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Cleveland Clinic, IBM installing first quantum computer in healthcare

by John R. Fischer, Senior Reporter | October 20, 2022
Artificial Intelligence Health IT
Cleveland Clinic and IBM have started installing the first quantum computer in healthcare, Discovery Accelerator at the Cleveland Clinic's main campus.
Cleveland Clinic and IBM have started the installation of what will be the first quantum computer for healthcare.

Announced in 2021, the joint clinic is named the Cleveland-IBM Discovery Accelerator and will be located at Cleveland Clinic’s main campus. It is part of a 10-year partnership between both organizations and will also be the first private sector onsite, IBM-managed quantum computer in the U.S.

The installation is expected to be completed in early 2023. “We cannot afford to continue to spend a decade or more going from a research idea in a lab to therapies on the market. Quantum offers a future to transform this pace, particularly in drug discovery and machine learning,” said Dr. Lara Jehi, Cleveland Clinic’s chief research information officer, in a statement.

Therapeutics and biomarker research and commercialization takes about 17 years. The Discovery Accelerator will incorporate a generative toolkit and modeling capabilities that utilize AI to bridge knowledge gaps and produce hypotheses to speed this up.

It also includes RXN, a cloud-based application that uses AI and directly controls robotic labs for end-to-end production of new chemical compounds.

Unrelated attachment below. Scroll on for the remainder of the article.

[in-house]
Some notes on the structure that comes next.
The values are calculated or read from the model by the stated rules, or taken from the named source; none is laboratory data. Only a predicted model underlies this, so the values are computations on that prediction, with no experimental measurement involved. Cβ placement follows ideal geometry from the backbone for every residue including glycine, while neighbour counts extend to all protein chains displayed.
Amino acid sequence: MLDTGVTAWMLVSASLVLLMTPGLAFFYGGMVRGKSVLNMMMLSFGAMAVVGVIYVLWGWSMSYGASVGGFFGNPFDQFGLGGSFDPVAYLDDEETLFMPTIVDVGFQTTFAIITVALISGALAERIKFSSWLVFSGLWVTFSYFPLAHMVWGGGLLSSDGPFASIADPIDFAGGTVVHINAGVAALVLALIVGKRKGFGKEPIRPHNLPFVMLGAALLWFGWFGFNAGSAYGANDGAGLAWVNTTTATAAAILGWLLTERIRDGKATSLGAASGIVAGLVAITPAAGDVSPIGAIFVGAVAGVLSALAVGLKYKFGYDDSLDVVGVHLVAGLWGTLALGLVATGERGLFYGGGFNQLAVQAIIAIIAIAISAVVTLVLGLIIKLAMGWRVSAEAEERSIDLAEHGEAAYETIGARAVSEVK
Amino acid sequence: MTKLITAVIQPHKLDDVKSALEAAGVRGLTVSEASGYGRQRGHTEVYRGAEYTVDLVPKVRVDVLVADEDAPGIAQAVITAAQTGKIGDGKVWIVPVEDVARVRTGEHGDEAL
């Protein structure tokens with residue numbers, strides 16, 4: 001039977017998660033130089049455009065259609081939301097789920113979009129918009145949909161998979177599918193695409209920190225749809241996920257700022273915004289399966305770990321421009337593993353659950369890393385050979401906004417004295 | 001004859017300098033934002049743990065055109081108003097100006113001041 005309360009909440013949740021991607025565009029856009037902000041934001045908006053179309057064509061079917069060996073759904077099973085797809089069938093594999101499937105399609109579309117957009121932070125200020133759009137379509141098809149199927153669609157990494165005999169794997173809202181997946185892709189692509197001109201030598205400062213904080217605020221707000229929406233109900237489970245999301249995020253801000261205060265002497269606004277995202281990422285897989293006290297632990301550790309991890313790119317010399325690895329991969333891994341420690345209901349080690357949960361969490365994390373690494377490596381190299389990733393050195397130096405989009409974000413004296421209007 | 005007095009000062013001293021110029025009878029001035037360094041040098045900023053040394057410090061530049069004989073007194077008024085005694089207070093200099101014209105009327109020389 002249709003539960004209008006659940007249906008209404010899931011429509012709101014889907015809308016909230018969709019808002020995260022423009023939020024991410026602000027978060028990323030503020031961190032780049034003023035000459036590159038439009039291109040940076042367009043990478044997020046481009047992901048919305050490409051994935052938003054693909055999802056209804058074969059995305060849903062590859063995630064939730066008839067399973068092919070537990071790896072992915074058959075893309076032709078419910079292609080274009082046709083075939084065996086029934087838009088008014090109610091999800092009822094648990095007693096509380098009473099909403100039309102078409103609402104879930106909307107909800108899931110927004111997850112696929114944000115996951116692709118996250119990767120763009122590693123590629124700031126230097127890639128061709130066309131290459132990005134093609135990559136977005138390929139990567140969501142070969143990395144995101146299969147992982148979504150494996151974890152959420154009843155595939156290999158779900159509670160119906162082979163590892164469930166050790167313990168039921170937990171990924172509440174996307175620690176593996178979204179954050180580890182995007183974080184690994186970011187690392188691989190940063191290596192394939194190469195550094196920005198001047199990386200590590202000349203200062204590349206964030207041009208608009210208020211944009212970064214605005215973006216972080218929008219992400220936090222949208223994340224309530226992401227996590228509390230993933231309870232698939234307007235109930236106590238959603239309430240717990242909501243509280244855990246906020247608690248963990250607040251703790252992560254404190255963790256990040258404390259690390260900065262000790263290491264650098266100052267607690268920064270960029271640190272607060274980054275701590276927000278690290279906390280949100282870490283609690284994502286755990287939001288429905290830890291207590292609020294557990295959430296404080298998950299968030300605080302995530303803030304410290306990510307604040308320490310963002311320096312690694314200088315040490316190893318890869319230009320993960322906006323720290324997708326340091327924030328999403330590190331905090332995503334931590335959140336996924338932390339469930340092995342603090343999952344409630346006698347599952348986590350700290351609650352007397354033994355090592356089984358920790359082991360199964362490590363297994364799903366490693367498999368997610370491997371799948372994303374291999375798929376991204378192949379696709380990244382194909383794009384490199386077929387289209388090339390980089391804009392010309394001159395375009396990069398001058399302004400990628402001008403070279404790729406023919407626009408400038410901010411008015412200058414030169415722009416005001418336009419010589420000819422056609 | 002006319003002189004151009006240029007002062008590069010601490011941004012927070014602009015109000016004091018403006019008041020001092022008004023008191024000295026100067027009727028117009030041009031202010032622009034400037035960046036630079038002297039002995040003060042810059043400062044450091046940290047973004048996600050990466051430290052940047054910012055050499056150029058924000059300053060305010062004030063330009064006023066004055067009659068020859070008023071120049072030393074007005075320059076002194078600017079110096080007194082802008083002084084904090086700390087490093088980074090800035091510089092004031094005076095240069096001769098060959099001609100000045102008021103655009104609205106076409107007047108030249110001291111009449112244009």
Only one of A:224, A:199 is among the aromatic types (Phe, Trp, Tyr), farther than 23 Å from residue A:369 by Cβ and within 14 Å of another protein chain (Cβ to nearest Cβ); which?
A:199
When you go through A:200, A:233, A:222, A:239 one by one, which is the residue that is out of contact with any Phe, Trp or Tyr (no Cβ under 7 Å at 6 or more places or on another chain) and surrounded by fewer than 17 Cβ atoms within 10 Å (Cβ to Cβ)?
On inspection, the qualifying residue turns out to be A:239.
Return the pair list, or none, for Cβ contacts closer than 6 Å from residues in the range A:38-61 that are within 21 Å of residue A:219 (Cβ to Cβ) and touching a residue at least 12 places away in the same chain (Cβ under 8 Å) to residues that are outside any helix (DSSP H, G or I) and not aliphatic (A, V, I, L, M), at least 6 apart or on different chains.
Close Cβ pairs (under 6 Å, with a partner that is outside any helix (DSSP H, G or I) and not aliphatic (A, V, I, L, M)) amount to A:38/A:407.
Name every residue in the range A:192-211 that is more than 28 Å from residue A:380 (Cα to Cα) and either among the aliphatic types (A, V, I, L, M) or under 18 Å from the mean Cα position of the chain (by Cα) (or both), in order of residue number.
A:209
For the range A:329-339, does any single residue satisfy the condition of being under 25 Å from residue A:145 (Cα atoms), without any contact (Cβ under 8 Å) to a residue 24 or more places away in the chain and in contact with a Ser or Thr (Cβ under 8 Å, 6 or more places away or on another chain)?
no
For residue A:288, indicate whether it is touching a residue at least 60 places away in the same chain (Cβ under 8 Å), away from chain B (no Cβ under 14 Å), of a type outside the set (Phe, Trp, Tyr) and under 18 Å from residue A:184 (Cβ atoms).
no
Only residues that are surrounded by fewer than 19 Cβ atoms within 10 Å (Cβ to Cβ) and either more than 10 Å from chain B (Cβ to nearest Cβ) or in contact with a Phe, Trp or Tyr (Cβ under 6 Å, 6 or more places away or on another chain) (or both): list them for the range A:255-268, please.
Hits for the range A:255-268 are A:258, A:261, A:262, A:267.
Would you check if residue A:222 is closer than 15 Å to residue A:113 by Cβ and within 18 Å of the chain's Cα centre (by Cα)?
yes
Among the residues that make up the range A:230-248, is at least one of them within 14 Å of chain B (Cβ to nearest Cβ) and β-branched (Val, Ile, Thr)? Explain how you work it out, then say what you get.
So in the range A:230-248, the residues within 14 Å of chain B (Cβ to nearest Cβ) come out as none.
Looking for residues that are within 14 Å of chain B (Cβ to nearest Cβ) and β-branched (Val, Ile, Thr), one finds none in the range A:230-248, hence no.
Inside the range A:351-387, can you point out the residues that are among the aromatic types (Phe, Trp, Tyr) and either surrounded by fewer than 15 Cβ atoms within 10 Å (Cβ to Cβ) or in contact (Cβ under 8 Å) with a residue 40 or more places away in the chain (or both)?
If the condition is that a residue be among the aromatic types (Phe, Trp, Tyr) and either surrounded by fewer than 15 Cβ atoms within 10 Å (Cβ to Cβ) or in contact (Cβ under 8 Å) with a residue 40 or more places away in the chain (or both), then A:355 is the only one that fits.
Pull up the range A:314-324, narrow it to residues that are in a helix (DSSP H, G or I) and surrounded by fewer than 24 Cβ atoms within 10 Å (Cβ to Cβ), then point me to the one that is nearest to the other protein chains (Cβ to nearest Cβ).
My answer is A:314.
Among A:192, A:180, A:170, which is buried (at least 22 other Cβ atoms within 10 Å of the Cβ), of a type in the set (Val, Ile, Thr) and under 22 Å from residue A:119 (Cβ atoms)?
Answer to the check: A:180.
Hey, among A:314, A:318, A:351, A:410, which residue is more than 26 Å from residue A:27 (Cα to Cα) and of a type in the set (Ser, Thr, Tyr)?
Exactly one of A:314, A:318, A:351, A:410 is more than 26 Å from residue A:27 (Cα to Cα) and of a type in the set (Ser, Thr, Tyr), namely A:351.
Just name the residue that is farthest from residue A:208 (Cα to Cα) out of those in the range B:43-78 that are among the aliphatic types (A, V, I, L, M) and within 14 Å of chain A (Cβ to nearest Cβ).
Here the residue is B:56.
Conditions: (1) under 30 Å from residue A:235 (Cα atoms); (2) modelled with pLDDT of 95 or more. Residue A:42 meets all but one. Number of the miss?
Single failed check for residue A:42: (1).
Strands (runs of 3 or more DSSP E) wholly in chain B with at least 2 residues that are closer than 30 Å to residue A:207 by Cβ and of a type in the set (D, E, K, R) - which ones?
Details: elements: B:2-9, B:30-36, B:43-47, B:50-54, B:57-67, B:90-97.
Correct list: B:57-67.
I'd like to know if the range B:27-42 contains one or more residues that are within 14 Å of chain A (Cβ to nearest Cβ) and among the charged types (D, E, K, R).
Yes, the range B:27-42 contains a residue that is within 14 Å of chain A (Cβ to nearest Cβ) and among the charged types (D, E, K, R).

Other applications include Deep Search, an AI tool for generating insights from large amounts of structured and unstructured technical literature; and high-performance hybrid cloud computing to “burst” workloads into the cloud and scale up access to resources for researchers.

As the technology foundation, Cleveland Clinic’s Global Center for Pathogen Research and Human Health plans to use Discovery Accelerator’s advanced computation technology to speed up critical treatment and vaccine research for emerging pathogens and virus-related diseases.

Researchers are already using IBM’s quantum computing cloud offering in several collaborative projects, including a study to develop a quantum method for screening and optimizing drugs targeted to specific proteins; improving a prediction model for cardiovascular risk following noncardiac surgery; and using AI to assess genome sequence findings and large drug-target databases for existing pharmaceuticals that can help treat Alzheimer’s and other diseases.

Additionally, both organizations have created an educational curriculum to train students, from high school to professional levels, and certification programs in data science, machine learning and quantum computing to build the workforce needed for future computational research.

IBM will install a more advanced version of its quantum computer at the clinic once it has developed in the next few years.

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